Warning: illustrated naked body parts below
Remember those … physical responses, loins-wise, watching Jane Fonda do her spaced-out striptease at the start of Barbarella? Maybe it’s a formative memory of Raquel Welch or Stephen Boyd scissor kicking through Fantastic Voyage that causes some rising action, even now. Welch and Boyd may not have had Paco Rabane and Jacques Fonteray — cinema’s greatest fluffers — in charge of their costume design, yet those tight white wetsuits are … memorable. Cartoonist Katy Skelly remembers the titillation, the slap and tickle nature of those films, lovable for the duality of their innocent innuendos and their frustrating lack of release. To all that blue ball nostalgia Skelly says fuck it, let’s get dirty.
First published in the comic slut category on Slutist.com, Agent 8 is a series of seven erotic comics starring the sexplorer (sextronaut?) the titular (natch) Agent 8. Skelly takes all the soft-porn-spacey-sexy-time of 60’s sci-fi cinema and gives it some sack, a vag (rhymes with badge), cocks and cunts, lips and asses. Mature? Sure. Erotic? And how! Degenerate? Not even close. Like Skelly’s contribution to the erotic comics anthology Thickness, Agent 8 strays from heteronormative expectations. So there’s more masturbation (with mushrooms), cunnilingus, fellatio and fingering from a skeleton (there’s a boner joke in there somewhere) than what Barbarella would call “penetrative intercourse.” And so what? It’s all sex-positive, sex-affirmative sex in the spirit of the sexy-space-babe-ness of what makes Barbarella (the comic and the movie) so alluring even today. Never skimp on or underestimate charm.
Skelly’s cartooning holds a magnetic quality, it attracts with a thin, but confident line, its easy appeal betrays the years of practice it takes for an artist’s marks to become so secure. The sexiness of Skelly’s figures comes from the subject matter (duh) and from an inherent, under-the-fingernails kind of maturity to know what’s sexy. Like some Debbie Harry who goes from punk priestess to disco diva to hanging with Giger, Skelly understands the mutability, the fashion, of sex. Fonda and Welch can play (somewhat) demure characters — their off-screen actions left to febrile adolescent imaginations — because their sexiness is imprinted, a known. The same imprinting makes Agent 8 erotic instead of some male fantasy fuck book or like so many mainstream superhero comics. Agent 8 implies sexiness and Skelly knows from sexy.
The joy of erotica comes from restraint and a lack of physical intimacy (voyeurism) as much as from the sex itself. On its face, the analysis of a blow job misses the point; however, endow said blow job with a few degrees of separation and the meta-ness (not to mention the subtlety) becomes as apparent as … well, a raging hard-on.
Agent 8 receives a video call from a friend. They exchange pleasantries and then 8 asks her friend about her new bf. She tells 8 he’s over and asks, “wanna see?” — a loaded question, for sure. Skelly draws this entire exchange without panel borders. On the first page, 8’s body floats in space, the emptiness opens up the page and creates a sense of space and (outer) space. On the following page Skelly draws only the two women’s heads as they would appear to one another on their video chat, a couple of heads floating in the æther. The page turn reveals six square panels in which 8’s friend — who has cat ears, but doesn’t appear to be a cat (no tail, but a ‘cat’s ass’ ass) — pulls a book off of her boyfriend’s lap, unzips his fly and goes down on him. Skelly frames the bf so the tops of three of the panels cut off his head — not that one, the other one — he’s strictly incidental to this scene. In the second to last panel (sorta’) cat-girl looks up from her ‘work’ with a mouthful of cock and stares straight back at 8. This isn’t about a blow job, it’s about giving the viewer (the reader and 8) what they want. “Wanna see?” On the last page Skelly draws 8 (again sans background) her laptop on her knees, cigarette in hand and wearing the cutest side slit riding boots as she watches the act come to a close. “Gotta clean this up … later!” says cat-girl. 8 thinks, “he seems nice …” Like Roger Vadim, the director of Barbarella and Mr. Fonda at that time, cat-girl had it all planned out, she knew her audience and gave them what they wanted, a thrill.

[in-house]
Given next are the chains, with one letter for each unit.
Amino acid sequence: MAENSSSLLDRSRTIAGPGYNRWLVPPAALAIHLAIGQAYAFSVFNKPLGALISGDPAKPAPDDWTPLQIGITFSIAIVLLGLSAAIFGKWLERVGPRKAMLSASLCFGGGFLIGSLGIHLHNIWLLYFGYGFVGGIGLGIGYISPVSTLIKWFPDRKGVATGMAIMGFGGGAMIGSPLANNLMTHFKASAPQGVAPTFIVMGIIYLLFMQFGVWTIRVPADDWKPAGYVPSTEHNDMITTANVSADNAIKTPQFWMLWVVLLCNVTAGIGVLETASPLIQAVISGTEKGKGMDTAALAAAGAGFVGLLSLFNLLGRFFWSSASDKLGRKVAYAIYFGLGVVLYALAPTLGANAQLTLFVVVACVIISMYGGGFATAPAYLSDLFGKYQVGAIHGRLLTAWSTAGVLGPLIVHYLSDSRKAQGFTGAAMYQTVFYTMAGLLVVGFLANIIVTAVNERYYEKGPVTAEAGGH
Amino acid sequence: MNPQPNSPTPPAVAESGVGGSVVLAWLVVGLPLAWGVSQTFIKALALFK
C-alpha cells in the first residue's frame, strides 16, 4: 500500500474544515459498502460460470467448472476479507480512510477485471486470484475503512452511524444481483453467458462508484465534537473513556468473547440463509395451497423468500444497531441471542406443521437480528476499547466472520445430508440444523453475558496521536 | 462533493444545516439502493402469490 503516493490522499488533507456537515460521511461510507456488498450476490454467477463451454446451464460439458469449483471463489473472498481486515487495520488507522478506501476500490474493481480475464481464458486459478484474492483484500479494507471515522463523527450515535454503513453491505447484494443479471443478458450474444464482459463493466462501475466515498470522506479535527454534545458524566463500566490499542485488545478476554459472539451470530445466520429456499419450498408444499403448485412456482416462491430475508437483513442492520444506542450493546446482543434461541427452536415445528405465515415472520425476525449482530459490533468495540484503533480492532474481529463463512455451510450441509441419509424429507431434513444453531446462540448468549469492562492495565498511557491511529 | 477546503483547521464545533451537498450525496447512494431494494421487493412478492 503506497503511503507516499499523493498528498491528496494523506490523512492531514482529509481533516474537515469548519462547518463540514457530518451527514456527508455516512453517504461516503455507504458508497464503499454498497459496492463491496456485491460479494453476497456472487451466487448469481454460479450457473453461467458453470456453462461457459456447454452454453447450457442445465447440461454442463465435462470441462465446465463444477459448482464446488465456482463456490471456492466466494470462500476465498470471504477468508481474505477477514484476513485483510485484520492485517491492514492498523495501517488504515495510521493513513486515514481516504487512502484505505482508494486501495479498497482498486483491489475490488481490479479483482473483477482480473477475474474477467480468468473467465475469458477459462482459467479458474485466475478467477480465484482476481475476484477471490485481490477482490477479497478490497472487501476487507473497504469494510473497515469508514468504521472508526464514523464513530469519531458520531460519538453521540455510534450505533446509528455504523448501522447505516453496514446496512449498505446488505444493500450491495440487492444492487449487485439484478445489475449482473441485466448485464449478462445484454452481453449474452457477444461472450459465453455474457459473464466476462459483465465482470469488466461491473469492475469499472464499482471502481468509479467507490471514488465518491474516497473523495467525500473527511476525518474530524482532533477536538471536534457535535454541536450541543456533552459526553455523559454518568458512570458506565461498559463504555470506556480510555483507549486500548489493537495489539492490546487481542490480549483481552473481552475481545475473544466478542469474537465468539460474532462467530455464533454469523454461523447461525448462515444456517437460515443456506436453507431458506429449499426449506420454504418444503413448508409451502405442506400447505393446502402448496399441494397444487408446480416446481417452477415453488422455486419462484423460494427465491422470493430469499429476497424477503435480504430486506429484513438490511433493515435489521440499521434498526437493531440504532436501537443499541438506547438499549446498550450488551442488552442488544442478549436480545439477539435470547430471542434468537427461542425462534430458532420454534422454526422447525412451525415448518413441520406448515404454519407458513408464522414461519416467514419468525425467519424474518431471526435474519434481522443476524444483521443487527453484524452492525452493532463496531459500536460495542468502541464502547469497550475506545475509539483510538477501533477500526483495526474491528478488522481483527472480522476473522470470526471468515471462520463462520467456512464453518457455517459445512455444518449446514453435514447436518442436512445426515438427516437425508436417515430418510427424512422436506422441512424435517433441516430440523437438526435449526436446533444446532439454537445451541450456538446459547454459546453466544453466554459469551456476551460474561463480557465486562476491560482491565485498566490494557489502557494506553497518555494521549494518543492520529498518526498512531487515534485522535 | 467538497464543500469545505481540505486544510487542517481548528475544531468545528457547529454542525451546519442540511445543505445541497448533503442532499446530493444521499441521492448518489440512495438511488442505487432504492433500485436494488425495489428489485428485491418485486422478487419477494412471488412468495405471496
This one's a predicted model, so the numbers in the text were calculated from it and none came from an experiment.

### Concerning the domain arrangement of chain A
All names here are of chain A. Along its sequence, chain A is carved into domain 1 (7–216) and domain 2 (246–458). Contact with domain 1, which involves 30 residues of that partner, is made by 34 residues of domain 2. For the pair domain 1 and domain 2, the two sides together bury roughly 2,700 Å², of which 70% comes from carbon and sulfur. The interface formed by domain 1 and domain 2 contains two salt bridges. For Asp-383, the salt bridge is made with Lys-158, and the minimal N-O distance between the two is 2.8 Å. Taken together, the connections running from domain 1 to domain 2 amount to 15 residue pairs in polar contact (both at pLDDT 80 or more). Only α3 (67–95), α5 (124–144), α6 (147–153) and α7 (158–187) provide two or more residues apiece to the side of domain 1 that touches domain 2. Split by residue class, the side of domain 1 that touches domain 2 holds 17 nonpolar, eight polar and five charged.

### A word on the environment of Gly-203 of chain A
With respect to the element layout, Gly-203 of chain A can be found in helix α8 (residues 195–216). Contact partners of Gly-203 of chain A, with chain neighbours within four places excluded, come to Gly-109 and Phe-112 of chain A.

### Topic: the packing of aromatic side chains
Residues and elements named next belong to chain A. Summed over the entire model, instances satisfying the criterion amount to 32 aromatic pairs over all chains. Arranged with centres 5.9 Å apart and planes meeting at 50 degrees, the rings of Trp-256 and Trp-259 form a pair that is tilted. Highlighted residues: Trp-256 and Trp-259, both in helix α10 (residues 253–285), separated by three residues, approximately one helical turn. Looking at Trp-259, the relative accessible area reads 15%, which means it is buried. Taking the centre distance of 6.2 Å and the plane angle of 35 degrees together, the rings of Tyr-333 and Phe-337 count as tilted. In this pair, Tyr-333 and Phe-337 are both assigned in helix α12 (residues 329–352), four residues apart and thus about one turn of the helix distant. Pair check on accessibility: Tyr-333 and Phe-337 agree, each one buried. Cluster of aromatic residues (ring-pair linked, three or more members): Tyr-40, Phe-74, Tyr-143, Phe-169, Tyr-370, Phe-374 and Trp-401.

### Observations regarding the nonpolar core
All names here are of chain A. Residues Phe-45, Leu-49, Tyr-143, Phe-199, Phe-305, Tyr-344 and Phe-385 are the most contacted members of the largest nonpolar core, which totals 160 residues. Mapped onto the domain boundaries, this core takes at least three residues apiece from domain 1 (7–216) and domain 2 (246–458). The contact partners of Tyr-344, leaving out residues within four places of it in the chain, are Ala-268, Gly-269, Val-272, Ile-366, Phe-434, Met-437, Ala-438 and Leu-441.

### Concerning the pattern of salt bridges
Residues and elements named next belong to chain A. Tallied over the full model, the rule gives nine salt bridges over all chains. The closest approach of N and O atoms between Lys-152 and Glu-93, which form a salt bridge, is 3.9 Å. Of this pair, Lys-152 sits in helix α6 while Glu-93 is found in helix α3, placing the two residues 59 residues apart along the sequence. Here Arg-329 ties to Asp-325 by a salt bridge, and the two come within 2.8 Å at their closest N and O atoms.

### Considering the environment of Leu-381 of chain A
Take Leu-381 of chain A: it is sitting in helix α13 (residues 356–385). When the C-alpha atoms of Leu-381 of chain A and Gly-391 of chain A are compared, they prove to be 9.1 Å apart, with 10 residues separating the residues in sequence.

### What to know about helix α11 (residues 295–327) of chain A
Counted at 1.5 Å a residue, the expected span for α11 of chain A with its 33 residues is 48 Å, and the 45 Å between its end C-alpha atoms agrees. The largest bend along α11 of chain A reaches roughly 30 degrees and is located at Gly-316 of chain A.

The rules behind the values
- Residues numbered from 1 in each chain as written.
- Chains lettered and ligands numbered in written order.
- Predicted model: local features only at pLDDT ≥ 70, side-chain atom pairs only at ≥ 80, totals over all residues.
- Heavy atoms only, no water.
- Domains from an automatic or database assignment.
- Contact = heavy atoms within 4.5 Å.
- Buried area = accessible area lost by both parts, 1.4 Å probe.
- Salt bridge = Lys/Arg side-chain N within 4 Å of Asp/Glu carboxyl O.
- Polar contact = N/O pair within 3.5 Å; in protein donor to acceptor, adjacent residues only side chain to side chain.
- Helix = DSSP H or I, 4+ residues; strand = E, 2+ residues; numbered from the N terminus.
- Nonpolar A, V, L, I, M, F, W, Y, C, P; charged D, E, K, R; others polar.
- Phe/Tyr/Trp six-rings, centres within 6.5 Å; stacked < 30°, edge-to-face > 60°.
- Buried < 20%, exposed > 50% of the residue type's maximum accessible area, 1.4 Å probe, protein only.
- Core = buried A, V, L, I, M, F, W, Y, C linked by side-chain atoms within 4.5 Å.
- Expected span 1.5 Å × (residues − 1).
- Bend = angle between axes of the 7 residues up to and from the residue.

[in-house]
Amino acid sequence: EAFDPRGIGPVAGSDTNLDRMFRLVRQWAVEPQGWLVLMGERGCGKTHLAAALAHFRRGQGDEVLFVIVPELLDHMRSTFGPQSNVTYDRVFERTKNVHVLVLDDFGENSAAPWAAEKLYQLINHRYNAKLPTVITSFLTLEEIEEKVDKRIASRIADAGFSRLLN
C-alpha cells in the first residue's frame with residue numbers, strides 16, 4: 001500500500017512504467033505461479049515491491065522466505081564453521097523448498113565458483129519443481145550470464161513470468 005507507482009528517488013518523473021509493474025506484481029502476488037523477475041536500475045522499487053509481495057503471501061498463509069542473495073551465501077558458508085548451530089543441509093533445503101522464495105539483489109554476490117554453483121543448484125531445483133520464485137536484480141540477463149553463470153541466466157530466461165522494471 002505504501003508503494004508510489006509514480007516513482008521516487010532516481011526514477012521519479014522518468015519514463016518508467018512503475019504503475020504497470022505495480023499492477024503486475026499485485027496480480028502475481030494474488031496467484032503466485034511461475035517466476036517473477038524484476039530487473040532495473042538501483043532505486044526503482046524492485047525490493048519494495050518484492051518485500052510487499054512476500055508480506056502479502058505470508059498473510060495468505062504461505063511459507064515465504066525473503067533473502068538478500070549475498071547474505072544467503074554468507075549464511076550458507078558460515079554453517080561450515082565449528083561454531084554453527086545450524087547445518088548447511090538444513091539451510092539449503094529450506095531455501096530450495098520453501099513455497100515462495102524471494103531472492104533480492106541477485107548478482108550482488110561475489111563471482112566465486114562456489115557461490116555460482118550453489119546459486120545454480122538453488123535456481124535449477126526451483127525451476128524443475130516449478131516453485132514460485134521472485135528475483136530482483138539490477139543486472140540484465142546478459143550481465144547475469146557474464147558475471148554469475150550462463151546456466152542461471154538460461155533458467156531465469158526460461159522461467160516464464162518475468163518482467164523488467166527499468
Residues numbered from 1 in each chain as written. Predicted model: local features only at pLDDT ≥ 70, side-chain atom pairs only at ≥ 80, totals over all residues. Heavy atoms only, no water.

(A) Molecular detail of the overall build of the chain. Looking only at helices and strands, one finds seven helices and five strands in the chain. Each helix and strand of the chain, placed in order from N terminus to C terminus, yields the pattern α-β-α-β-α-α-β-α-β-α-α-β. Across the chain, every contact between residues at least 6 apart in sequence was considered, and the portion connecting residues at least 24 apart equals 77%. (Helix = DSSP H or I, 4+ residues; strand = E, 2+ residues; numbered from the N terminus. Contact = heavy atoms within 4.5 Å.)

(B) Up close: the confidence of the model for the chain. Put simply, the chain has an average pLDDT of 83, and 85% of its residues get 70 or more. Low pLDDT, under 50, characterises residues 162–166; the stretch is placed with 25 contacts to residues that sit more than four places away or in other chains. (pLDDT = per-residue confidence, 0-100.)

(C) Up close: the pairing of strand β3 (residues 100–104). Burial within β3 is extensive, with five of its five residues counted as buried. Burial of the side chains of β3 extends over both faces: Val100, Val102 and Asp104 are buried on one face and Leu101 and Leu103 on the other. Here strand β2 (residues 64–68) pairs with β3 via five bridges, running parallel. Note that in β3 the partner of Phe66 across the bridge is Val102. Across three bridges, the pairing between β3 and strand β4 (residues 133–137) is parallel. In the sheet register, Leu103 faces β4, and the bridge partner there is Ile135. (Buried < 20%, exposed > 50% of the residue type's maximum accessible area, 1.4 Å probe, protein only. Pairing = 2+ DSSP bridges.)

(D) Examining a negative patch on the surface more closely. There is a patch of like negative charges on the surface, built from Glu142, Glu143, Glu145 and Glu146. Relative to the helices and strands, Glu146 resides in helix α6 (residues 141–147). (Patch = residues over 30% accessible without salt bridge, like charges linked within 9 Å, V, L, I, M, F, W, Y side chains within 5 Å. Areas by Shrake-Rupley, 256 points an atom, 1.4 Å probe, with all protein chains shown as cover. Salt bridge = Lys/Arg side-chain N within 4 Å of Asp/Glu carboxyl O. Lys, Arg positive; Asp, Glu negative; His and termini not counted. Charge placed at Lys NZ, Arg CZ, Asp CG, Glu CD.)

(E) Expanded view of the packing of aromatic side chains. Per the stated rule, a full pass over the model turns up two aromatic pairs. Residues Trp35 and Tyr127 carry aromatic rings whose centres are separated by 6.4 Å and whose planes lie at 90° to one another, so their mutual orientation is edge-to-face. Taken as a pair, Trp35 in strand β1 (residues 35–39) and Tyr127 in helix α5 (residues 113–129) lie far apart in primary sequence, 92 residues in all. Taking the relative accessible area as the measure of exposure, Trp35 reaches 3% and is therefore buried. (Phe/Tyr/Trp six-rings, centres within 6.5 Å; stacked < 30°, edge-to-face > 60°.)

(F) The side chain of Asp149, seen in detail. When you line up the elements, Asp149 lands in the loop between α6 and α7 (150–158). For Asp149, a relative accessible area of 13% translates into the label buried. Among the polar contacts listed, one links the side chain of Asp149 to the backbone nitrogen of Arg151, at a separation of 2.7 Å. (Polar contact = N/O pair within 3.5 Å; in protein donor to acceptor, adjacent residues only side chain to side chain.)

Skelly’s cartooning possesses more than style, it’s got an aesthetic, a Skelly-ness. Her influences, especially when it comes to film and fashion, are easy to spot. How she filters with those influences is what makes her such a singular storyteller. Agent 8 earns the ‘18+’ on its cover. It is mature, it’s also honest. If there were more Agent 8’s, more honest and sex positive comics would benefit comics and, you know, life. Imagine equality from erotica. Go figure. Skelly’s gift as a cartoonist is she knows what Robert Fripp meant when he told David Bowie and Brian Eno that the difference between pop and rock-and-roll is, “with rock and roll, you might get fucked.”
For more Katie Skelly comics visit her website.